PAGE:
# How Fast Can You Count?

How Fast Can You Count?

Students will produce a list of numbers from 1 to n for large values of n and explore the differences between using a computer to do this and speaking, writing or typing it themselves.

Appropriate for ages 6+.

Allow 30 minutes to complete the module.

Important note: This module should be led by an instructor with basic Wolfram Language knowledge. If you would like to learn the language, please try this free online introduction. If you would like a Computational Thinking Initiative ambassador or volunteer to help you run an adventure, please contact us.

Appropriate for ages 6+.

Allow 30 minutes to complete the module.

Important note: This module should be led by an instructor with basic Wolfram Language knowledge. If you would like to learn the language, please try this free online introduction. If you would like a Computational Thinking Initiative ambassador or volunteer to help you run an adventure, please contact us.

Learning Objective

◼

Students will be able to produce a list of numbers from 1 to n, including large values of n.

Computational Thinking Principles and Practices

◼

Simulating things that are hard or impossible to do by performing real-world experiments

Standards Alignment

◼

Common Core:

◼

CCSS.MATH.CONTENT.K.CC.A.3: Write numbers from 0 to 20. Represent a number of objects with a written numeral 0–20 (with 0 representing a count of no objects).

Helpful Background

◼

Background information on counting: https://en.wikipedia.org/wiki/Counting

## STARTING POINT

STARTING POINT

“Today we will see the power of using a computer to do things that are very hard to do by hand. We’ll measure how fast a computer can type and count compared to how fast we can.”

Direct the students to https://www.wolframcloud.com/objects/computationinitiative/Stopwatch, where they will find a stopwatch to use during this activity. Demonstrate the timer for the students.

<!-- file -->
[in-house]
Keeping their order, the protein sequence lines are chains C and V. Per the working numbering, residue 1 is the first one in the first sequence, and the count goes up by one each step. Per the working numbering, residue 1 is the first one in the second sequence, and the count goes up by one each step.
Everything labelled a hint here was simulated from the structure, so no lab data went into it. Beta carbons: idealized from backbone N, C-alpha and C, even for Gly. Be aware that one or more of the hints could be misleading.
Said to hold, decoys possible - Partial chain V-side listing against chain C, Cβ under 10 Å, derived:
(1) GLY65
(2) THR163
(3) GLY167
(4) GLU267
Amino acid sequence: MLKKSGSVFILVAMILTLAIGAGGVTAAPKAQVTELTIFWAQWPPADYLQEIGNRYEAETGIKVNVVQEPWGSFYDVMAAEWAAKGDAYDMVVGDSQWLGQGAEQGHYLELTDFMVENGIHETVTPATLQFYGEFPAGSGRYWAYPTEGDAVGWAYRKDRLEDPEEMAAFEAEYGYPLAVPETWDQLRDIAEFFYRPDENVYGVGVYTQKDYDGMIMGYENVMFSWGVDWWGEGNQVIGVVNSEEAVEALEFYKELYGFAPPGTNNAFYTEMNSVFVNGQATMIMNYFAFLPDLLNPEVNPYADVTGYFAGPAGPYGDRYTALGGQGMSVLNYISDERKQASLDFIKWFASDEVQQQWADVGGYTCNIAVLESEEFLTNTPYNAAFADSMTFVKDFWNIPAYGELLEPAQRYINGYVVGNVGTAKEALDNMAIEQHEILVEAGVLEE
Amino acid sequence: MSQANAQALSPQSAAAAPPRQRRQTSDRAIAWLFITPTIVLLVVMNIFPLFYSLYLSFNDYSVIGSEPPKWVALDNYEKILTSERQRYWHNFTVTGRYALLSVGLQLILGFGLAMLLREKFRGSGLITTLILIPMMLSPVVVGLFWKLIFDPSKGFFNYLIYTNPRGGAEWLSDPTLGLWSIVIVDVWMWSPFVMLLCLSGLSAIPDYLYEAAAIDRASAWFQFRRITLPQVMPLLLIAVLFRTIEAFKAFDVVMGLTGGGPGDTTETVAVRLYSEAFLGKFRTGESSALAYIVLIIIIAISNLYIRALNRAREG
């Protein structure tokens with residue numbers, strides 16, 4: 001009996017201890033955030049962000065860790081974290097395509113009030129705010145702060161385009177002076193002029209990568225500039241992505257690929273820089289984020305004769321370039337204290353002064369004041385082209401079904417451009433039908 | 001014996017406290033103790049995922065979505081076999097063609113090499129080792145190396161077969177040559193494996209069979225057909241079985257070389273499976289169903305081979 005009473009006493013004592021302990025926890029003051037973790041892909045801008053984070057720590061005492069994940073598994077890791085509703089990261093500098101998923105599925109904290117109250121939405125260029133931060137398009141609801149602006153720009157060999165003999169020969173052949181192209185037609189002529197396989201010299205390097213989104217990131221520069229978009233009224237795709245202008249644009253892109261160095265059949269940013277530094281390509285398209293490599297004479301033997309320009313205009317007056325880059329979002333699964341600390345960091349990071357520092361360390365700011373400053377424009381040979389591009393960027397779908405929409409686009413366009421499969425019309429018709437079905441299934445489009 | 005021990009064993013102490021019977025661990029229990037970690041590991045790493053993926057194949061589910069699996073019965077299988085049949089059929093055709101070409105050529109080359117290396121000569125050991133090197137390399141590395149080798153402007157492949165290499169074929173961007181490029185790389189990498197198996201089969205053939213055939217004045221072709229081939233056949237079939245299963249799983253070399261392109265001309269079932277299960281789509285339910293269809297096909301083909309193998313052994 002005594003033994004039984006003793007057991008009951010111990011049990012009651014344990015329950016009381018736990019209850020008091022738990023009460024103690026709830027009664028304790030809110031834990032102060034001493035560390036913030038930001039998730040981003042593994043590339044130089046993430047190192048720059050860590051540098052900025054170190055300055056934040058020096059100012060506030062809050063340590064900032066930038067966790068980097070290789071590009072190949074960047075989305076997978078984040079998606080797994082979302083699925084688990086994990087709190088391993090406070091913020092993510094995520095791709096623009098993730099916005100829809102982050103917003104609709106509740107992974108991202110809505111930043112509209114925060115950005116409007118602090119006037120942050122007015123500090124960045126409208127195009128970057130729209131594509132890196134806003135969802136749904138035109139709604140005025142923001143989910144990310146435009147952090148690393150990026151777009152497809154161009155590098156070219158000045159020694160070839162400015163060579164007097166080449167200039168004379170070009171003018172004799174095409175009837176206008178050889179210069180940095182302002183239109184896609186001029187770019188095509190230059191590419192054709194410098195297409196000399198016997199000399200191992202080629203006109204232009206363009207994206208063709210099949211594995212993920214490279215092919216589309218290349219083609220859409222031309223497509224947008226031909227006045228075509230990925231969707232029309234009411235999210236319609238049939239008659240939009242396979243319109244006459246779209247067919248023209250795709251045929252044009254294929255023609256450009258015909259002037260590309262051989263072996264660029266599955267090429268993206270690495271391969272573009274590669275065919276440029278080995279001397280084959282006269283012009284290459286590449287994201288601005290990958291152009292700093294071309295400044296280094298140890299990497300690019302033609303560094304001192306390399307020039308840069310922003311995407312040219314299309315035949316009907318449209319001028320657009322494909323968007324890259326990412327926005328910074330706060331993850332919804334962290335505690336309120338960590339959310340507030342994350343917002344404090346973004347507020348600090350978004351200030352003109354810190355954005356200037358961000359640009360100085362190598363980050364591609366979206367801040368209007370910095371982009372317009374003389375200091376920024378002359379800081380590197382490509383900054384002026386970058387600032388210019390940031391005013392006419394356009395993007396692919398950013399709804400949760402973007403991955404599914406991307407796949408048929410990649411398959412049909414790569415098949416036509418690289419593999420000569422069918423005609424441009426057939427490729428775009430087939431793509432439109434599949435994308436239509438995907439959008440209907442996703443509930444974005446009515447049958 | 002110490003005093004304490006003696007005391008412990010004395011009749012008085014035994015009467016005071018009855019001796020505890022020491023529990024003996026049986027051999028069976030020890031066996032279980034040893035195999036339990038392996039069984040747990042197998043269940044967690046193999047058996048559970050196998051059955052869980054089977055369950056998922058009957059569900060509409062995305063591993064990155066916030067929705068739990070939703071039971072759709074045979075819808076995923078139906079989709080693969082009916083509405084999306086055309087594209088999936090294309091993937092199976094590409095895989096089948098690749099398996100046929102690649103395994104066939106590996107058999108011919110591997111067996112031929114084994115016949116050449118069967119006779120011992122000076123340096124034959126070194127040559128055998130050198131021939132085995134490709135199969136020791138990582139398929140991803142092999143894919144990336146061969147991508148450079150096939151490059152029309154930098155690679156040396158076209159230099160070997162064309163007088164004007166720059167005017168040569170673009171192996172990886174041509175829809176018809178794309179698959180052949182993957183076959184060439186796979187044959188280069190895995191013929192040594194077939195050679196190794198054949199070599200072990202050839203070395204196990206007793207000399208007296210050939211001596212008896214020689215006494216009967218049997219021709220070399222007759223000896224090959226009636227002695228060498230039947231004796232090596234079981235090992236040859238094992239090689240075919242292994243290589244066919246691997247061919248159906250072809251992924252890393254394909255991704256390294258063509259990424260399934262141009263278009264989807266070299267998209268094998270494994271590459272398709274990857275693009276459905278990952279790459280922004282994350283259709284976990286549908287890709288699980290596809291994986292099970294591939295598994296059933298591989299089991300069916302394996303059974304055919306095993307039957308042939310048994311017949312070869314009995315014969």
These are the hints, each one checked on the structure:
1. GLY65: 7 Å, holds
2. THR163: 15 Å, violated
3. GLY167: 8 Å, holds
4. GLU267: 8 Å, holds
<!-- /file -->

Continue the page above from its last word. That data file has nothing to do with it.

Have the students pair off. Tell them to take turns timing each other doing the following tasks and to record each time:

(1) count to 20 out loud

(2) count to 20 by writing each number symbol

(3) count to 20 by typing each number symbol (with commas in between each number)

(1) count to 20 out loud

(2) count to 20 by writing each number symbol

(3) count to 20 by typing each number symbol (with commas in between each number)

You may want to demonstrate the counting and timing process for each of these tasks so that students understand the instructions better.

◼ How long did it take you to count out loud, write or type?

◼ Did you and your partner count at the same speed?

◼ Did you ever make a mistake and have to go back?

◼ Are there other ways that we can count? If students suggest counting by a different step size (e.g. counting by threes up to 50) show them Range[1,50,3]). If they suggest counting by increasing powers of 2, show them Table[2^x,{x,1,20}]). If they suggest counting by prime numbers, show them Prime[Range[20]]).

CHECKPOINT

Check in to determine when students have finished timing themselves.

“Imagine trying to do these tasks, but count to 40. How long would it take you?”

Students may need help understanding that it is a fairly good estimate to double their times when counting to 20.

“If it took you 4.45 seconds to count out loud to 20...”

In[1]:=

Out[1]=

“... it might take you about 8.9 seconds to count to 40.”

“What about counting to 100?”